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The white jacket was normal attire for coach attendants.
From: "Steve Ellis via groups.io"
Sent: Mar 9, 2021 12:17 PM
Subject: Re: Greensboro map was Re: [SouthernRailway] Dining Car Crews Sleeping on their Cars
Wonderful, thank you!
On my trip on the Southern from Washington to Atlanta and back in October of 1970, it seemed that even car attendants wore a white cotton
jacket that looks like something a waiter would wear. Is that normal attire or was this person perhaps a member of the dining staff filling in for
the regular car attendant?
On Tuesday, March 9, 2021, 11:42:52 AM EST, George Eichelberger <geichelberger@...> wrote:
In addition to hotels, many cities and large railroad facilities had either bunkhouses or YMCAs. (There are plans for several in the archives.) The question is….were they used by dining car staff? I suspect that was not common because dining cars were dropped and picked up by trains at various depots.
PS Here are two pages from the 7-31-57 dining car assignments.
I was wondering if the Southern Railway ever housed any of their employees in a hotel for an overnight stay. I know that Amtrak does this. Here in New York City, one of the car attendants on the Crescent told me that he spends the night in a hotel right across the street from Penn Station.
Employees on American trains are not away from home nearly as much as those on the Russian trains. In 2010 I fulfilled a dream I’ve had from childhood and rode the Trans-Siberian railroad from Moscow to Vladivostok, a journey of seven days.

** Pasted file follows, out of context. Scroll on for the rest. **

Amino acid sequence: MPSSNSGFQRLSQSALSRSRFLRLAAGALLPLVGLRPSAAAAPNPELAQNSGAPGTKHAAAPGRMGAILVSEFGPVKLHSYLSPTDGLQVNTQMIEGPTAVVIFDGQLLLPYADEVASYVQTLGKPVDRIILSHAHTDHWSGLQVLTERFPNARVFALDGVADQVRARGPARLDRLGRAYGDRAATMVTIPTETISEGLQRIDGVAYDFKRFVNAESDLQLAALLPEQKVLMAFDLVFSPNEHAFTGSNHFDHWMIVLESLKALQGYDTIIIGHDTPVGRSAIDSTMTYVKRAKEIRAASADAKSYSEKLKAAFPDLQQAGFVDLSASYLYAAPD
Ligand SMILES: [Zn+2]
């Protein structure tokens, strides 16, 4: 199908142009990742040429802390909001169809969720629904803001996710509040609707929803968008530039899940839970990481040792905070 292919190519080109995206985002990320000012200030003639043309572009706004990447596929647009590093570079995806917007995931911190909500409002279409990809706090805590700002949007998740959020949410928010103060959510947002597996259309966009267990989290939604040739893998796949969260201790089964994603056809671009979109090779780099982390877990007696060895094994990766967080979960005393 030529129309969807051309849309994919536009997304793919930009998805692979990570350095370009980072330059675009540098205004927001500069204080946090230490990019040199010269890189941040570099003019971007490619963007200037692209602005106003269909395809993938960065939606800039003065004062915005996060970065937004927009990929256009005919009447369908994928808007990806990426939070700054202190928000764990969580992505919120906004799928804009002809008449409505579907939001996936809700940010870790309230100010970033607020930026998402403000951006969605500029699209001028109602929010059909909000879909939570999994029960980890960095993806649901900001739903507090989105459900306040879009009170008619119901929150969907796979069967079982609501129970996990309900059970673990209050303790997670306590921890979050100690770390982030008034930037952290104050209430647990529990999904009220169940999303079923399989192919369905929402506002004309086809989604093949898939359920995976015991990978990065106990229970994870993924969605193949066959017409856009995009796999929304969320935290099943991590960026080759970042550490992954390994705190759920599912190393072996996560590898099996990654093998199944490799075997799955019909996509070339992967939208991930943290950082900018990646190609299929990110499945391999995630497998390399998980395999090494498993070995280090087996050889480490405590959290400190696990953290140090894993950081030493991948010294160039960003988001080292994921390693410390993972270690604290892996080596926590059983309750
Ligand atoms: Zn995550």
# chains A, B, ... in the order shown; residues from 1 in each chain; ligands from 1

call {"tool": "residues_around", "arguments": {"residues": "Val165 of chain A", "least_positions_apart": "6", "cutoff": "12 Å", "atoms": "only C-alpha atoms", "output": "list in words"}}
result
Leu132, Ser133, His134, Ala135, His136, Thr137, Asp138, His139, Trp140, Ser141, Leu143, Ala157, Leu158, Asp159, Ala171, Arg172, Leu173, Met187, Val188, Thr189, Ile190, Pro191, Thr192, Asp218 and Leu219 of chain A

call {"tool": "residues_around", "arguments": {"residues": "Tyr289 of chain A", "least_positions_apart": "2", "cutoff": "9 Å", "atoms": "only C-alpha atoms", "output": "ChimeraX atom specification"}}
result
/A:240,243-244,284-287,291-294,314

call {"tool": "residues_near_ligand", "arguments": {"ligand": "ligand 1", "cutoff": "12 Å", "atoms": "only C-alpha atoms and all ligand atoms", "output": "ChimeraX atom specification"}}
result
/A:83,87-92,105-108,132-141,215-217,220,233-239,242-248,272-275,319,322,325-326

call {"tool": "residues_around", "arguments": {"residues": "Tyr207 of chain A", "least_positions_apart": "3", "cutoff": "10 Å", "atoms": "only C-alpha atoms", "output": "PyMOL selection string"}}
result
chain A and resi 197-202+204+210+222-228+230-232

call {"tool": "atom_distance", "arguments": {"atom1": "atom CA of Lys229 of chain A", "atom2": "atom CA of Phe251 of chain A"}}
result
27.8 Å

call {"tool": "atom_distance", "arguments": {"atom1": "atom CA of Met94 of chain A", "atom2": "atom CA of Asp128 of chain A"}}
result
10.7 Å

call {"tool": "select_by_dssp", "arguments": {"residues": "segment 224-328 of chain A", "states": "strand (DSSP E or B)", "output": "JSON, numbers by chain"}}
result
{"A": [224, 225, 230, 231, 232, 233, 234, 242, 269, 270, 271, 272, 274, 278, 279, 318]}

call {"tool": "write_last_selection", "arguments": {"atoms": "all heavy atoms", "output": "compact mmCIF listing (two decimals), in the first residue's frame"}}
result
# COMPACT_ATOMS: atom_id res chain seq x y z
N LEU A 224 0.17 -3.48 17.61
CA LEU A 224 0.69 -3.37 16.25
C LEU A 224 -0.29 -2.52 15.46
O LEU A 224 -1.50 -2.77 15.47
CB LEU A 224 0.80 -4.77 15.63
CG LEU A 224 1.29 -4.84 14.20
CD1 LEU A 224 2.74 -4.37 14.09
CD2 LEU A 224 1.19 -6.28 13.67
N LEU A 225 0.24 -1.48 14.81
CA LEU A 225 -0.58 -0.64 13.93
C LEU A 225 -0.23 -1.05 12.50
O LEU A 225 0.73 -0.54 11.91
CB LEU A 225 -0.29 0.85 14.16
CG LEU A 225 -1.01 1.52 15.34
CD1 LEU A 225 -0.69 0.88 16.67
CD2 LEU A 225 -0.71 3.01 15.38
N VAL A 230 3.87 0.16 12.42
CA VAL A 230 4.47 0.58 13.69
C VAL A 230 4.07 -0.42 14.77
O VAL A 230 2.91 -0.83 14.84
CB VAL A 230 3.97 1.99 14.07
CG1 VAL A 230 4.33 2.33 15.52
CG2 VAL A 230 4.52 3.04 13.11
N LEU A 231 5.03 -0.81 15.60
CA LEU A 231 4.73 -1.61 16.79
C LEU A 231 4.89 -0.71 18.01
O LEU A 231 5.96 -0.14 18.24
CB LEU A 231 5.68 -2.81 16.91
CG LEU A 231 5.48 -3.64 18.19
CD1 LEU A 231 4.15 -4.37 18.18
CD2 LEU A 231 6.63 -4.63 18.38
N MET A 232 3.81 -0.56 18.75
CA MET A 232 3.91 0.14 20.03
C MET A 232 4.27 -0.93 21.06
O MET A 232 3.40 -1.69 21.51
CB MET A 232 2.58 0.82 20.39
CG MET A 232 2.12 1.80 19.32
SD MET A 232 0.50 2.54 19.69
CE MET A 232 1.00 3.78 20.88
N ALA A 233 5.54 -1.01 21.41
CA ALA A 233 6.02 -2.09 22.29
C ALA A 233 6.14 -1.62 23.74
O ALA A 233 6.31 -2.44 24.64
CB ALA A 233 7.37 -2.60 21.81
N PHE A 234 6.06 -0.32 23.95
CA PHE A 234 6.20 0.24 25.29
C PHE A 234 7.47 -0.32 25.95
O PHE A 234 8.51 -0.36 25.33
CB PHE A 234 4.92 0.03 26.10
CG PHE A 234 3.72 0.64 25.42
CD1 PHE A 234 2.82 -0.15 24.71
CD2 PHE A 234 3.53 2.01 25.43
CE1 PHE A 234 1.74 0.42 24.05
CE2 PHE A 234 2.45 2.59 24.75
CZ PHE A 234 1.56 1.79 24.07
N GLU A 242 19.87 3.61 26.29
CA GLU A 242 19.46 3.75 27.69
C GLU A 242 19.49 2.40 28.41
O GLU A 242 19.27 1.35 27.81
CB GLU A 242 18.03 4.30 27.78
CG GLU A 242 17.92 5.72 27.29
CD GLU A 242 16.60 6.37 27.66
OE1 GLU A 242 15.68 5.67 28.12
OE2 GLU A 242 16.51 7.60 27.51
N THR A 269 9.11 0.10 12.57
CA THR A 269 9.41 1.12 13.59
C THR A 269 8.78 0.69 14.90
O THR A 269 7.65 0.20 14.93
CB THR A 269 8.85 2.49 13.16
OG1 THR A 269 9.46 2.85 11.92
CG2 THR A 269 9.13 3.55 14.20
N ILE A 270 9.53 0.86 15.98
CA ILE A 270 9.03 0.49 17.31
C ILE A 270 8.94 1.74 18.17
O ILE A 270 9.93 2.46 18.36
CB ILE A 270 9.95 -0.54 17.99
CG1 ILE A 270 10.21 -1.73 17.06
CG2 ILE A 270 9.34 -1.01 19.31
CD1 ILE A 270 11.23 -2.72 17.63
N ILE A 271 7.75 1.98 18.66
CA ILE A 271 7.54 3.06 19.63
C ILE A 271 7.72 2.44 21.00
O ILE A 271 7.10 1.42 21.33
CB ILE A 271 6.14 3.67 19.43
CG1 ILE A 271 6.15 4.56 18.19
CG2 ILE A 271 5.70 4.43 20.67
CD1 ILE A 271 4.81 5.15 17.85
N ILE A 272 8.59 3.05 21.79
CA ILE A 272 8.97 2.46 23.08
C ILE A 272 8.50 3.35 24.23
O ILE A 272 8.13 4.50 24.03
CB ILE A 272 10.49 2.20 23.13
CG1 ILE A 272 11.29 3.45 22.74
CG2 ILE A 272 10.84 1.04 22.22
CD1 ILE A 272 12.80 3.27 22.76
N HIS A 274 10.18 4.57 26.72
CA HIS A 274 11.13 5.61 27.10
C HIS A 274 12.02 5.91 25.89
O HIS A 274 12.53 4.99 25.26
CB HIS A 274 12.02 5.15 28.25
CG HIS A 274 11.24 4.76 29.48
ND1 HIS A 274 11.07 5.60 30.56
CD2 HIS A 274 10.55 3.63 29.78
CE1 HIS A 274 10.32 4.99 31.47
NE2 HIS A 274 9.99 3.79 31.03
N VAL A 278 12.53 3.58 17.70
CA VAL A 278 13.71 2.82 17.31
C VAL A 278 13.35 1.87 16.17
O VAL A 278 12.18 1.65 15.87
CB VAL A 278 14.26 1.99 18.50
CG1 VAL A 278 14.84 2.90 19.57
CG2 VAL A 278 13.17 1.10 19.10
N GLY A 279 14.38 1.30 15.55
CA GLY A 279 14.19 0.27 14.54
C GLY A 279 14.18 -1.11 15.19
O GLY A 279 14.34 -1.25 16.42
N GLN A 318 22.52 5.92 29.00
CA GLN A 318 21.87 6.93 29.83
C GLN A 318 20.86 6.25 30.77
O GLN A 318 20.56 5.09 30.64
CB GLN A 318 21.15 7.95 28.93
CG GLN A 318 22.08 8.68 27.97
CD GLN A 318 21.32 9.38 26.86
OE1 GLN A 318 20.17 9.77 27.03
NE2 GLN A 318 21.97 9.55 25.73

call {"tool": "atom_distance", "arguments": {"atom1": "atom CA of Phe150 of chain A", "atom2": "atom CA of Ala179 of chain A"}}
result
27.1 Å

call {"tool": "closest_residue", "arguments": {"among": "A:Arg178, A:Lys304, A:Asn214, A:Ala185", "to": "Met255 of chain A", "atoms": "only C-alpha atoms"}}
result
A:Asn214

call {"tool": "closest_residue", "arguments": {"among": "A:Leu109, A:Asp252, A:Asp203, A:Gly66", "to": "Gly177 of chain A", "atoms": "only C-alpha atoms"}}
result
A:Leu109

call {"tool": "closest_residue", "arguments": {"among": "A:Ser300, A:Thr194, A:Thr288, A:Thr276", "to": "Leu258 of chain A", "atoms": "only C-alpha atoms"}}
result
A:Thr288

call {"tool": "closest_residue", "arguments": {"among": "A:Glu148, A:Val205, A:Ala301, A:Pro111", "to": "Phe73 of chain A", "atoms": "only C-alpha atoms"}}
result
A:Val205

On YouTube you can watch a video of a lady who is an attendant on this train. Every time she leaves home it is for two weeks. The train does not have showers, and they do not get a hotel when they get to Vladivostok, sleeping in the train instead.
I spoke to one lady who said that she did two round trips and was away from home for a month.
Brooklyn New York
On Mar 9, 2021, at 10:42 AM, Graves, William W <wwg@...> wrote:
> Was this installation located on the military reservation shown on your Greensboro map?
While I did not recognize the picture, the Military Reservation shown on the map was definitely what was called the ORD section of Greensboro. The picture could have been from the Pilot Life Campus that was mentioned in the wiki article as it had trees and while my time in Greensboro didn’t start until 1954, by then the ORD section was quite built up with small industrial buildings.